Unit 1: The Benefits of Peer Evaluation
Peer evaluation, the act of giving and receiving feedback among peers has been shown to strengthen academic skills in students such as:
With their classmates as a crowd students create and present work to a real-life audience allowing them to receive formative feedback and edit their work prior to final assessment. It has been found that peer review helps to enable students to more accurately assess their own work by exercising skills such as critique and revision and creates more success with self-review in the future. Collaborative efforts like peer evaluation often take students out of their comfort zones and create an increased desire to impress. With an audience in mind this desire can be used for motivation toward improved academic performance and pride in their work. The use of peer evaluation exercises gets students comfortable with giving and receiving constructive criticism by creating a safe learning community.
Please right-click the links below (and all external links in this mini-course) and select "open in new tab". This is not essential but makes for easier navigation back to this page once the activity is complete!
- This website from Cornell University breaks down what peer assessment is and motivation for its use. It touches on giving student's responsibility through their own learning as well as a "diffusion and exchange" of idea through peer assessment.
- This page created for and by teachers does an excellent job of discussing the benefits and limitation of peer evaluation. The definition at the top of the page perfectly sets the stage for it's content in stating that "Peer assessment and the idea of collaborative, team-based and problem-based learning lies at the core of Vygotsky's social constructivist theory". It then explores ideas of motivation and metacognition and discusses how peer evaluation helps students engage in higher-order learning activities. (Viewing the video on the page is optional, yet encouraged)
- While many approaches to peer evaluation allow students to evaluate their peers anonymously, an argument can be made for having your reviewer be aware of your identity. As training for real-life and future work experience, student accountability can bring students out of their comfort zone and get them comfortable with evaluation and assessment by their peers. In the video below Robert Leckey, an associate professor at McGill University explains his rationale for his use of non-anonymous peer assessment and motivation for student accountability.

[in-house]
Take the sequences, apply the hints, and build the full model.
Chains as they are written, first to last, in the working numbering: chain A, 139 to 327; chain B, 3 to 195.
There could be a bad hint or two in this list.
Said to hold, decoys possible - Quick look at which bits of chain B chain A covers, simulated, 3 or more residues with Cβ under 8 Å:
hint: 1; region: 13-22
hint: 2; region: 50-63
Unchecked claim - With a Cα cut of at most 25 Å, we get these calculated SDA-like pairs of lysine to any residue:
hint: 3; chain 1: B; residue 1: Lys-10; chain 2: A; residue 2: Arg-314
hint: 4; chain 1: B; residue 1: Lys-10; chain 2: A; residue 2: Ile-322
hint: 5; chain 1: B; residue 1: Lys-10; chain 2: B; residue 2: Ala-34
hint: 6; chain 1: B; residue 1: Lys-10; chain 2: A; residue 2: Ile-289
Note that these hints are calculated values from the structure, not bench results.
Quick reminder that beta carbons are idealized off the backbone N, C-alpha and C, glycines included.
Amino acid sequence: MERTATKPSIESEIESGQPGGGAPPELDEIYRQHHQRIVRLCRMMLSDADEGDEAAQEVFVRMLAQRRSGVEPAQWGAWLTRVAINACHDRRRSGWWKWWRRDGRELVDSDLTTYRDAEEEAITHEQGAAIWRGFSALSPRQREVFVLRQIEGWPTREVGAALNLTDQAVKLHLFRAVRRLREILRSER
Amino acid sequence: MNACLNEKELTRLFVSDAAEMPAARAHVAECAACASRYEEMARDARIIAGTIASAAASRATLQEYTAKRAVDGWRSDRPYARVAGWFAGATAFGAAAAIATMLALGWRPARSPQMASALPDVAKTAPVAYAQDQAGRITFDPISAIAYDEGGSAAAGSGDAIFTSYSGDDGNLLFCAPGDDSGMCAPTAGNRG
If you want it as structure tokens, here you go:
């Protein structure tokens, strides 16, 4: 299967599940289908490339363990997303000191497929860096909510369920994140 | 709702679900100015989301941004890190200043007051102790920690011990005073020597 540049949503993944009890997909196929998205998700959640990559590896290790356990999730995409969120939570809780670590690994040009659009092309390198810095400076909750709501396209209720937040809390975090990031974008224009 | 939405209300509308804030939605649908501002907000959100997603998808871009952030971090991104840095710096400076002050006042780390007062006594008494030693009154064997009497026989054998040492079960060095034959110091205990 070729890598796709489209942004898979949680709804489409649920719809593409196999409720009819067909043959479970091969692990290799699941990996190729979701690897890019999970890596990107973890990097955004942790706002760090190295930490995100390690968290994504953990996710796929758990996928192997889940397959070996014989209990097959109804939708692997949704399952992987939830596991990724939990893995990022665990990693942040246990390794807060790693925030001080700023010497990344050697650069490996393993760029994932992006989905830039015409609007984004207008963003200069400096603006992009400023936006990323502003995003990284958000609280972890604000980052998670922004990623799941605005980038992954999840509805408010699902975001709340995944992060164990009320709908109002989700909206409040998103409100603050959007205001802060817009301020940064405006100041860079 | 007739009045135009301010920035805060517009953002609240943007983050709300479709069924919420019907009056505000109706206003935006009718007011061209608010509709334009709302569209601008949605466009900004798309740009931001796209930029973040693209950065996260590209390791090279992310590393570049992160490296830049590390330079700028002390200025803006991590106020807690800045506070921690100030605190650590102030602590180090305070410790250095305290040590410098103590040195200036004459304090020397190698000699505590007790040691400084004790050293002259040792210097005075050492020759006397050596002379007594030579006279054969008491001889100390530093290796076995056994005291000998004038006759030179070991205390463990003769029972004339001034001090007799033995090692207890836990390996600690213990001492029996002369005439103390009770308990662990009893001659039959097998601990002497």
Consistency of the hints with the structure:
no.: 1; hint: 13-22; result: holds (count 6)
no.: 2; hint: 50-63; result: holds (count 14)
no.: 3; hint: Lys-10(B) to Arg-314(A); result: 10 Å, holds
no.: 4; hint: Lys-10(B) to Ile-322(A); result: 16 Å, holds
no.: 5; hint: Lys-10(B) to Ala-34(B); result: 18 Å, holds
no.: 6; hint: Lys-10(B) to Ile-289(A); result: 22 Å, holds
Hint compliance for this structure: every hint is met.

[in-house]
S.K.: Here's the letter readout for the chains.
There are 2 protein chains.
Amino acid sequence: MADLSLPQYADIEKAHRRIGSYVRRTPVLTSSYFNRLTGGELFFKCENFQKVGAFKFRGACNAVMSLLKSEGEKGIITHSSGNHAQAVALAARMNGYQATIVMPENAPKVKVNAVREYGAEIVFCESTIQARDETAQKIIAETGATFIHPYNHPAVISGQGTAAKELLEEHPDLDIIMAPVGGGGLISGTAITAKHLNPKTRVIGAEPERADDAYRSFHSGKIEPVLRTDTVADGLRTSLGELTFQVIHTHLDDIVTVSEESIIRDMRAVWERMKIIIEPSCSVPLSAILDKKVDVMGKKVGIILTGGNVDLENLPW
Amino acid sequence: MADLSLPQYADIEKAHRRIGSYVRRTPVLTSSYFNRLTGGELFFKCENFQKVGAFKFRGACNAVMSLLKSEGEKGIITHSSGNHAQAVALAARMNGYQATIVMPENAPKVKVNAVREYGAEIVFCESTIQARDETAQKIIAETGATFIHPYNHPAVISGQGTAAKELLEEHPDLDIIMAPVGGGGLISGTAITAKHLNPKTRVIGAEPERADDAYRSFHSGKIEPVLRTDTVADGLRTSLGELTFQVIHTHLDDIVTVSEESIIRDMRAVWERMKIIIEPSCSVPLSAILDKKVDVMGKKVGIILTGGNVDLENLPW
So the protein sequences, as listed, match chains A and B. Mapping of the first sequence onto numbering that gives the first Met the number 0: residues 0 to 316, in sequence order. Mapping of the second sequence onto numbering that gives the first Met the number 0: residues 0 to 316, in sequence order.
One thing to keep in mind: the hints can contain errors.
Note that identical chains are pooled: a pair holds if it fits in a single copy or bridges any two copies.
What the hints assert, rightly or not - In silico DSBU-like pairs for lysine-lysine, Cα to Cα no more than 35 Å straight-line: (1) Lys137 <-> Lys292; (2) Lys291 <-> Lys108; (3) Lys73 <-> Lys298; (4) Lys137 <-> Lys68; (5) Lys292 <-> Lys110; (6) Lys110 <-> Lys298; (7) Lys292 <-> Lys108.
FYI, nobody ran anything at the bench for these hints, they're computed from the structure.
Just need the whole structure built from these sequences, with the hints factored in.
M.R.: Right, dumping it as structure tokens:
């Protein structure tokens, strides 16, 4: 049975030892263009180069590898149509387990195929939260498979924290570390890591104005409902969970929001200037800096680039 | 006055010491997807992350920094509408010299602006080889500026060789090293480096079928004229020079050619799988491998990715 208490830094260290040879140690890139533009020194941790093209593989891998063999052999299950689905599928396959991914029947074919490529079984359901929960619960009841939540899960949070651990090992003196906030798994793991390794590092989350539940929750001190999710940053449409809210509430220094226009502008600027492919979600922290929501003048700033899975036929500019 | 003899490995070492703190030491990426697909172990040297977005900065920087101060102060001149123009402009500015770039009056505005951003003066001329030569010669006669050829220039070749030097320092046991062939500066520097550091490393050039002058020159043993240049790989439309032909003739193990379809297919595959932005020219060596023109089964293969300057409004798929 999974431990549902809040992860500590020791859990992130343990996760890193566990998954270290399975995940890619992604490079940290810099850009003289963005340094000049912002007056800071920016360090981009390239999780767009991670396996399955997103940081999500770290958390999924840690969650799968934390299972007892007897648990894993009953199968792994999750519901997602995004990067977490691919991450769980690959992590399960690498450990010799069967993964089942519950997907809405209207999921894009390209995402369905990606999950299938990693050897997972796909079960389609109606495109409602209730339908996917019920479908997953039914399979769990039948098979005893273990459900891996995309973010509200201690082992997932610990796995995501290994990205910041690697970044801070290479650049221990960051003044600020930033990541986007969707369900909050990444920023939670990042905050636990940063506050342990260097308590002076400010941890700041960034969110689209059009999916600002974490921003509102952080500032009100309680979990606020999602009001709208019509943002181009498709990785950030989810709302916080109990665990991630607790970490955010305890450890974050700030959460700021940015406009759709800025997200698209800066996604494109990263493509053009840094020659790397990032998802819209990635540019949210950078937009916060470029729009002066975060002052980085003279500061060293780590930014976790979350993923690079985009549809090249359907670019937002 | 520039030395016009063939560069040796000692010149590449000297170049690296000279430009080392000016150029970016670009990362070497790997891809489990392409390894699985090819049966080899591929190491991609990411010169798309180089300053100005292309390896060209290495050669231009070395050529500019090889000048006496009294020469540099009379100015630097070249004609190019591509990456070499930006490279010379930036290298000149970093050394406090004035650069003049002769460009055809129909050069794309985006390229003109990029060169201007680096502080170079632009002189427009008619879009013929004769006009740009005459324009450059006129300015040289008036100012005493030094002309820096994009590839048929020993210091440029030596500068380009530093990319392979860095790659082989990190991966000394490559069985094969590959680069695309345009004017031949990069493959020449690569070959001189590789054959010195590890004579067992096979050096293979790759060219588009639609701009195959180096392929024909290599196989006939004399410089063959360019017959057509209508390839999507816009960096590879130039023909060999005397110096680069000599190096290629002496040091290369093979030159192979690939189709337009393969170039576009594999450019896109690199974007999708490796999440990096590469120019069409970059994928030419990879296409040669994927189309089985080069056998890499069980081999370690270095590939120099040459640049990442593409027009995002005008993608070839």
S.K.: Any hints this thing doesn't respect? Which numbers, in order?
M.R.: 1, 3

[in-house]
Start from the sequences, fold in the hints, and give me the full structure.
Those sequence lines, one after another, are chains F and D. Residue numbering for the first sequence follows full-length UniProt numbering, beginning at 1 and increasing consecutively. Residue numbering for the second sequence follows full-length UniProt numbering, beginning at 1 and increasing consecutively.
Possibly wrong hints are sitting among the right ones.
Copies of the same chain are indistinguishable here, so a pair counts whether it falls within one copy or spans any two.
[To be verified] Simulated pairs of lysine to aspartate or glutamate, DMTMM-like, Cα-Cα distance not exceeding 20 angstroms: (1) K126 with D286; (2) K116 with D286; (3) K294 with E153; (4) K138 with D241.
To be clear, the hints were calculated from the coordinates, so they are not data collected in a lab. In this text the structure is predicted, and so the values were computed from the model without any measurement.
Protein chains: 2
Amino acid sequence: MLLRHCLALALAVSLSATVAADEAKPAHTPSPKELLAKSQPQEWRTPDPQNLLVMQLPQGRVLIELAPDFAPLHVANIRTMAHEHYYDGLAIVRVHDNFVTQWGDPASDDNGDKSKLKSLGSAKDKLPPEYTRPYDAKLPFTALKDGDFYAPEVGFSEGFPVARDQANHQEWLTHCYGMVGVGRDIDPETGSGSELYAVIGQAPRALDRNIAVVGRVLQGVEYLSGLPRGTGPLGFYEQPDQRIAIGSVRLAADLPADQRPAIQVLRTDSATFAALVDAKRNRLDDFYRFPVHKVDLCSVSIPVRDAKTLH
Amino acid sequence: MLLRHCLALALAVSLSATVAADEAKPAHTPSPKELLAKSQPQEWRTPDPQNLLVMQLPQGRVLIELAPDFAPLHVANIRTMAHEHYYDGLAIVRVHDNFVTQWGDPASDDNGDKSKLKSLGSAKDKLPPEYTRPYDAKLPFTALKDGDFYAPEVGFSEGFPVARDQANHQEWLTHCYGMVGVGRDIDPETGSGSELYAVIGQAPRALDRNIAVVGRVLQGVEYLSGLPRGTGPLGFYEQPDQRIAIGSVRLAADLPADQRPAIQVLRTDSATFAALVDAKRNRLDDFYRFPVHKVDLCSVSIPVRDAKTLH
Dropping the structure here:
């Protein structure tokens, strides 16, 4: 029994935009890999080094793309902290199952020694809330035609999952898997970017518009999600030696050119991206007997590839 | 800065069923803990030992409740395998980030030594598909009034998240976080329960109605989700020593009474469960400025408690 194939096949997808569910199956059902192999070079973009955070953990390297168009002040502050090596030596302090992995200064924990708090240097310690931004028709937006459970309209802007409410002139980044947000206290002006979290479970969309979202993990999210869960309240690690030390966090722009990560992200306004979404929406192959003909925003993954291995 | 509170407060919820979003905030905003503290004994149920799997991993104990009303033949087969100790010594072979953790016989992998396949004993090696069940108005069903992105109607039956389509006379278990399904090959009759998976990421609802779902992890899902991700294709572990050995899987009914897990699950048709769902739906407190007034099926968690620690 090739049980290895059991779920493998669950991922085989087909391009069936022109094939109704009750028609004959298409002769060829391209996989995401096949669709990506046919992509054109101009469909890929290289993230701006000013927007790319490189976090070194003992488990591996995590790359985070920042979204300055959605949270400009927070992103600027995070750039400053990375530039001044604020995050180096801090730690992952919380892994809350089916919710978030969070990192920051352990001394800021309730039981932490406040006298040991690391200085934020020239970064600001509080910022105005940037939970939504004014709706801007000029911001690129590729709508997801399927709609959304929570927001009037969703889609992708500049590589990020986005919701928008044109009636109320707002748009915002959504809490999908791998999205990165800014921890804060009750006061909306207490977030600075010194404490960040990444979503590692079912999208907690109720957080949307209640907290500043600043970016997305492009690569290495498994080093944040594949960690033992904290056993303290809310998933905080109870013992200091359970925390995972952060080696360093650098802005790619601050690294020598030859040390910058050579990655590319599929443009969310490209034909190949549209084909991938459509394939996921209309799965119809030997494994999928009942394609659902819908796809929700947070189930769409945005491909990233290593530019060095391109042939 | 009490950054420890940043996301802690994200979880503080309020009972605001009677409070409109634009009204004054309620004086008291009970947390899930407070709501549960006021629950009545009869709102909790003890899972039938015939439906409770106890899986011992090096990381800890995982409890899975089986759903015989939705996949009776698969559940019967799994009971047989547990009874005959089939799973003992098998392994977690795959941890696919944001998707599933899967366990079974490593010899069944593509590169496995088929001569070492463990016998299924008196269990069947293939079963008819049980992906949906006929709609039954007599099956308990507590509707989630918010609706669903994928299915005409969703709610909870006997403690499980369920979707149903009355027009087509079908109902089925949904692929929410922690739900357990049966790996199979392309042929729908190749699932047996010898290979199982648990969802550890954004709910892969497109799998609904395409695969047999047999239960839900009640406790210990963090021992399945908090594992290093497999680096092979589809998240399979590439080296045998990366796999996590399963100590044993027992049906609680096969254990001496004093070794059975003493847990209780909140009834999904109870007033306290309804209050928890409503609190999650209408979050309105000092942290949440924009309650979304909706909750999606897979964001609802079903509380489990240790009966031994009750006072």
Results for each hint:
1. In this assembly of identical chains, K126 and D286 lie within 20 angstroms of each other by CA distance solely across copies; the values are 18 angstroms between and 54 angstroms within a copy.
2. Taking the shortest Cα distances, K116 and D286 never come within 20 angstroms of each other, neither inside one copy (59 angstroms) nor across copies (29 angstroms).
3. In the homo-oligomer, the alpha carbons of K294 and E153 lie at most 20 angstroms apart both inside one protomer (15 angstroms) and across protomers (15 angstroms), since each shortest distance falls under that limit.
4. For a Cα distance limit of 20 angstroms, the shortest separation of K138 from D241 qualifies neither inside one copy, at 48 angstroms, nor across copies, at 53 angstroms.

Now that you've gained some new knowledge let's put it to use! Click the link below to access the exercise designed for your use to reflect upon what you know, what you've just learned, and identify any gaps in between.
Congratulations on completing Unit 1! Now that you're ready to move on to Unit 2 let's look back at this unit's objective to see if you've reached it.
- Objective: Learners will be able to identify benefits of peer evaluation in the classroom by creating a list of at least 3 pedagogical benefits.
- Questions to ask yourself:
- Can I identify at least 3 benefits of peer evaluation?
- Questions to ask yourself:
If you can answer these questions then you're ready to move on to Unit 2: Creating a Student-Centered Classroom.
If you think you are't quite there yet, head back to the beginning of this unit and review the lesson and learning exercise.
Click here to continue to Unit 2: Creating a Student-Centered Classroom
Click here to return to the Peer Evaluation course homepage
Classroom-Assessment-Theory-into-Practice. (2014). Retrieved November 16, 2014 from Wiki: http://classroom-assessment-theory-into-practice.wikispaces.com/Benefits+and+Limitations+of+Peer+Assessment.
Cornell Center for Teaching Excellence. Cornell University. 2012. Retrieved from http://www.cte.cornell.edu/teaching-ideas/assessing-student-learning/peer-assessment.html
Graphicsfuel. (Designer). Bullseye, dart, target icon. Retrieved 7 December 2014, from: https://www.iconfinder.com/icons/67060/bullseye_dart_target_icon.
Icojam. (Designer). Active, check, checkmark, correct, done, green Retrieved November 16, 2014, from: https://www.iconfinder.com/icons/12608/active_check_checkmark_correct_done_green_right_tick_true_yes_icon#size=48.
Iconleak. (Designer). Clip, film, movie, timestamp icon. Retrieved 7 December 2014, from: https://www.iconfinder.com/icons/103860/clip_film_movie_timestamp_icon#size=128.
James, M. (Designer). Arrow, bullet icon. Retrieved 16 November 2014, from: https://www.iconfinder.com/icons/5080/arrow_bullet_icon.
Lundstrom, K., & Baker, K. (2009). To give is better than to receive: The benefits of peer review to the reviewer's own writing. Journal of Second Language Writing, 18, 30-43.
McGillOSD. "Evaluation: One-on-one Feedback". Online video clip. YouTube. YouTube, 5 October 2012. Web. 4 December 2014.
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[Untitled learn image]. Retrieved 16 November 2014 from http://www.goldstareducation.com/assessment-for-learning/.
[Untitled target image]. Retrieved 23 November 2014 from https://sites.google.com/a/csdm.k12.mi.us/riversidewitte/5th--healthy-living/objectives.
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